We laid out our bounty between us and then, our looks meeting as we realized that we’d be hungry in the morning, we set some aside for breakfast. “Of course we’ll be home in time for a second, more substantial breakfast.”
I agreed. “But it’ll be nice to have something when we wake up.”
“Coffee would be nice,” Michael said with a yearning that tugged at my taste buds. He finished with, “But the river water is excellent. And cold. And will wake us up as efficiently as coffee.”
Then we settled down to eat. And watch the sunset, which was spectacular as are all sunsets in our part of the country. Red and pink and purple, changing as we watched, bright at first, brilliant at all times, but gradually darkening as the sun dipped lower and lower behind evening clouds, then finally spreading across the entire sky as dark settled in, first in the east and eventually, everywhere.
As the last rays of light slowly faded, Michael gave a contented sigh and said, “I’m glad the horses ran away.” He waved at the scenery that we were a part of as he swatted away a fly.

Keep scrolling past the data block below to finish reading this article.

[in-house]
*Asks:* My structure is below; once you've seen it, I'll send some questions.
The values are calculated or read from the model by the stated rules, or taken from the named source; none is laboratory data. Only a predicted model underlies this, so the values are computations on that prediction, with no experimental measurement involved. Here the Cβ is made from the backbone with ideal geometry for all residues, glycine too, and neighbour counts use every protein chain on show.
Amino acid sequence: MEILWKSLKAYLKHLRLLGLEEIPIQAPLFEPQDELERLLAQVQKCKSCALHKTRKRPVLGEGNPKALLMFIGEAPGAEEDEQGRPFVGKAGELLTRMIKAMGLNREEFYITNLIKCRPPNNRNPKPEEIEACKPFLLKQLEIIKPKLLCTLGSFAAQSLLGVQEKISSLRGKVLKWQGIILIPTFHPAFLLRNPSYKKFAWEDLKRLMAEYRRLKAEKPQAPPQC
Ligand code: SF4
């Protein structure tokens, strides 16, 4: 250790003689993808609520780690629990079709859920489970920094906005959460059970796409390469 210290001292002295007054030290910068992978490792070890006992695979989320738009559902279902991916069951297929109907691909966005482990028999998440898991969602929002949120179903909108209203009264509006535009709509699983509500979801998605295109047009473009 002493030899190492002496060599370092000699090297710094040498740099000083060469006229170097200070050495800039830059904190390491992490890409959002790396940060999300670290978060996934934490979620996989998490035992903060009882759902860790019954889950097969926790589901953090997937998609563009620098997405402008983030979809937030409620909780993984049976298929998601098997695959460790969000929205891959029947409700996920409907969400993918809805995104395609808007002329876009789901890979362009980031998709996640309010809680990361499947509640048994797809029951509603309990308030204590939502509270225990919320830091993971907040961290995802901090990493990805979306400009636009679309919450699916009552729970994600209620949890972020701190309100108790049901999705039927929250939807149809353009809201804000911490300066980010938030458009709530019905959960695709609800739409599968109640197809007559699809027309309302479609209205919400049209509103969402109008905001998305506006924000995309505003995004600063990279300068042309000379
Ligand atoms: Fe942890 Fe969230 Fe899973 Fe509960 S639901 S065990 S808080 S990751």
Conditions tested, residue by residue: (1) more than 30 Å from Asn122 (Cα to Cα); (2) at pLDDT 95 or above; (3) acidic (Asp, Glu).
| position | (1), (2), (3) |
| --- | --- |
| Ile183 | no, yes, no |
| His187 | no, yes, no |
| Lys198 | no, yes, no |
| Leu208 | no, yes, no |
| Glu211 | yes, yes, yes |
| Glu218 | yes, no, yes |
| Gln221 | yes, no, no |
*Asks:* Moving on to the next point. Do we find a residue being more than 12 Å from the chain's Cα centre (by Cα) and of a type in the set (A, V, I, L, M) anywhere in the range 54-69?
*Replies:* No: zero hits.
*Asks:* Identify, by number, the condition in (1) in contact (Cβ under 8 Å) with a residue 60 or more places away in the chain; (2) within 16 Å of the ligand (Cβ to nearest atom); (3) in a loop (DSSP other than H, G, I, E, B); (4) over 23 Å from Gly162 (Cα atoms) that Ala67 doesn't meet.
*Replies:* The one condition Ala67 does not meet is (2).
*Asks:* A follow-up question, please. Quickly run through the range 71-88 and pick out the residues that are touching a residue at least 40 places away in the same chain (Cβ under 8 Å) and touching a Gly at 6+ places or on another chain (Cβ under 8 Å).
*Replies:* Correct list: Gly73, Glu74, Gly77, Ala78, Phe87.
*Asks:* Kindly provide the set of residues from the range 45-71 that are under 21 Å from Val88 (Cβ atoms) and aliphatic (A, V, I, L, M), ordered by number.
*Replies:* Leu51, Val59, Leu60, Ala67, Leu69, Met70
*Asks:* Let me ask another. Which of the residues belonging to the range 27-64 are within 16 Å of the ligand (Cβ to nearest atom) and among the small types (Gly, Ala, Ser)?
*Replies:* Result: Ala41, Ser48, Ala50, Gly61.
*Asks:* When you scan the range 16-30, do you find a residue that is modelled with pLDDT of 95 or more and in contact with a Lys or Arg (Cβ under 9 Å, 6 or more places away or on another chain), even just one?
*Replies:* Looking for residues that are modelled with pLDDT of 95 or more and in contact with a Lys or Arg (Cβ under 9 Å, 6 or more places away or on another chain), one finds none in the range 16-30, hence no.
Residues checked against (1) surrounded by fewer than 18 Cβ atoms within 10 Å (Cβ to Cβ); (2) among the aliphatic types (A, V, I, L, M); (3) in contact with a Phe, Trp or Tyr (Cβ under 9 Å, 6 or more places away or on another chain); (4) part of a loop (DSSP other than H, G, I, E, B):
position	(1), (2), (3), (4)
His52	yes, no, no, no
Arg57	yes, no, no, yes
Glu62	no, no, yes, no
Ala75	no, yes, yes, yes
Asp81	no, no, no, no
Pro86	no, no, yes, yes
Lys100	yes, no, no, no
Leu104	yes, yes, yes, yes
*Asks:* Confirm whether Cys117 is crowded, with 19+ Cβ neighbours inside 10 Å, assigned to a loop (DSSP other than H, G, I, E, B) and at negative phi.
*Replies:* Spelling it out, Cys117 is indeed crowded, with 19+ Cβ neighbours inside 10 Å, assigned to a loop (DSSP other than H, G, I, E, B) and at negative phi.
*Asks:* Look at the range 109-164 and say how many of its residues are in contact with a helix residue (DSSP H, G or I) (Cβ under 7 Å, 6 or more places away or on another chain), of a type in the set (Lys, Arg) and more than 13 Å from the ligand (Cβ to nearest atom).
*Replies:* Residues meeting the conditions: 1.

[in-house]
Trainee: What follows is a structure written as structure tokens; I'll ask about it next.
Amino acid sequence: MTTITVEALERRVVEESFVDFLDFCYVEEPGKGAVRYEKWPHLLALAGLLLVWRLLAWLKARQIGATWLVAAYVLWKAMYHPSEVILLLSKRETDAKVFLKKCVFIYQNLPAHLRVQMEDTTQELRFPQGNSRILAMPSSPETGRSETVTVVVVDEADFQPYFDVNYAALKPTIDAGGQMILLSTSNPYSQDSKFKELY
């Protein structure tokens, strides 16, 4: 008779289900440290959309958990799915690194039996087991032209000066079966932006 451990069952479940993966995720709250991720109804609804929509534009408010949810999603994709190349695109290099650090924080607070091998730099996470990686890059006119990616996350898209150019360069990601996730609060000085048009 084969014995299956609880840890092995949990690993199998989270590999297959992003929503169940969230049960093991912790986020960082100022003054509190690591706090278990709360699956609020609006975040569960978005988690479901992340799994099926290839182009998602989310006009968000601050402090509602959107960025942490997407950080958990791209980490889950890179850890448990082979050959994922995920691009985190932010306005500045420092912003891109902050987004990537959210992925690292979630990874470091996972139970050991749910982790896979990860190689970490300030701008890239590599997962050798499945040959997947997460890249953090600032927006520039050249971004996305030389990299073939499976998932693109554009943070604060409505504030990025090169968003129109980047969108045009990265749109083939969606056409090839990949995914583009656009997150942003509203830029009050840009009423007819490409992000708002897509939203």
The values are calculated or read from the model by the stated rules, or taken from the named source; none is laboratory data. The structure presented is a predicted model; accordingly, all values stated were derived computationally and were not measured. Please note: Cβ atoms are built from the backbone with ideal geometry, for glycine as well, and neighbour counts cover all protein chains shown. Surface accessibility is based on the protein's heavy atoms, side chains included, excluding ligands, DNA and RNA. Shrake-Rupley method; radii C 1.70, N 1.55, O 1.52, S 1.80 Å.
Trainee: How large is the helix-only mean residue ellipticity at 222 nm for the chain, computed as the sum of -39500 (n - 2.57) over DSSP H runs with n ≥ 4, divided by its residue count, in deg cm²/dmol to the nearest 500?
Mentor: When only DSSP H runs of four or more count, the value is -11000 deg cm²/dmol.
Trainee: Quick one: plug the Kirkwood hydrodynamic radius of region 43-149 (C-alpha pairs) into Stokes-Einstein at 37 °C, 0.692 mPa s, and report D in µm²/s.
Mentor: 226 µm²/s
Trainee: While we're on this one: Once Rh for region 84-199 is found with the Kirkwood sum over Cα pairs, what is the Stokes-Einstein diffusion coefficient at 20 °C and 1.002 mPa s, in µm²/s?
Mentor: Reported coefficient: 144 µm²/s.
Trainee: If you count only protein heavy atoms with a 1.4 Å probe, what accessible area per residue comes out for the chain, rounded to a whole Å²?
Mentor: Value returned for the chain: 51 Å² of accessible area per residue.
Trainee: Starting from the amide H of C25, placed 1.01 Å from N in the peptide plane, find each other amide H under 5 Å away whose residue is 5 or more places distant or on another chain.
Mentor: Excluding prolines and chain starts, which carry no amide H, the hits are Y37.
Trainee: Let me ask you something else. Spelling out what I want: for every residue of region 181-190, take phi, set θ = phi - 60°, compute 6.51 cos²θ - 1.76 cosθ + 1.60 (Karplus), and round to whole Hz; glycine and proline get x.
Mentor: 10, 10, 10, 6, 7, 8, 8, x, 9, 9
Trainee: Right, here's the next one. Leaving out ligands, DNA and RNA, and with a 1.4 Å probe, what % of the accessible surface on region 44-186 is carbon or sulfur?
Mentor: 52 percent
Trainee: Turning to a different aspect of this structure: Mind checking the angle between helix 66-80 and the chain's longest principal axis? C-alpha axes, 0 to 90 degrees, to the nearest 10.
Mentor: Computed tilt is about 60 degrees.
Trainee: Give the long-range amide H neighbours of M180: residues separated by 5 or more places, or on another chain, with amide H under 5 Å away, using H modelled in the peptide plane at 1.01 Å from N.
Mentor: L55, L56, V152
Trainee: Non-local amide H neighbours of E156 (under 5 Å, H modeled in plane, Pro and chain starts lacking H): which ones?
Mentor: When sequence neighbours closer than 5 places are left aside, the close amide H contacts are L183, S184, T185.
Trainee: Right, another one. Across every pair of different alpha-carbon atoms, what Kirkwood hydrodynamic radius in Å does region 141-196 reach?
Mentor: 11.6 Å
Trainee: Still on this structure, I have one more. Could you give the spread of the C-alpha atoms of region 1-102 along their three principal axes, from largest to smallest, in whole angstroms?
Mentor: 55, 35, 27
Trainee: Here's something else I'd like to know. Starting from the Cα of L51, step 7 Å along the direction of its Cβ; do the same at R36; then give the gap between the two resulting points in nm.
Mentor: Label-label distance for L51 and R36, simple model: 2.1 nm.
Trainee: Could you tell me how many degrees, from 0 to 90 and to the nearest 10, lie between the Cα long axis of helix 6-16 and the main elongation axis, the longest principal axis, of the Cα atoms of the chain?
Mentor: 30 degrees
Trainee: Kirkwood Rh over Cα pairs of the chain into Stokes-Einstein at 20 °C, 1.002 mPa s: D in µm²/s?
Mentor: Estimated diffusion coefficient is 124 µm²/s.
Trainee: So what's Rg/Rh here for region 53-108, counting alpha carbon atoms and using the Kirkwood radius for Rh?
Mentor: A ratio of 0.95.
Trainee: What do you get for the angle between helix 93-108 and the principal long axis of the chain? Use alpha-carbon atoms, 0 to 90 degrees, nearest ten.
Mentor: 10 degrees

“Me too.” I examined myself and didn’t know what I felt beyond that it was whatever Michael was feeling. But I knew that whatever it was, it was a new, different feeling for me. Happiness? Contentment? Relaxation so profound I’d forgotten what it was like? Or all of the above and a thousand more things I’d forgotten how to feel?
We just sat there and took it all in. Not that we could do much else given the situation and the four horses who ate contentedly and gave us looks that said it was about time we understood how they felt about the great outdoors.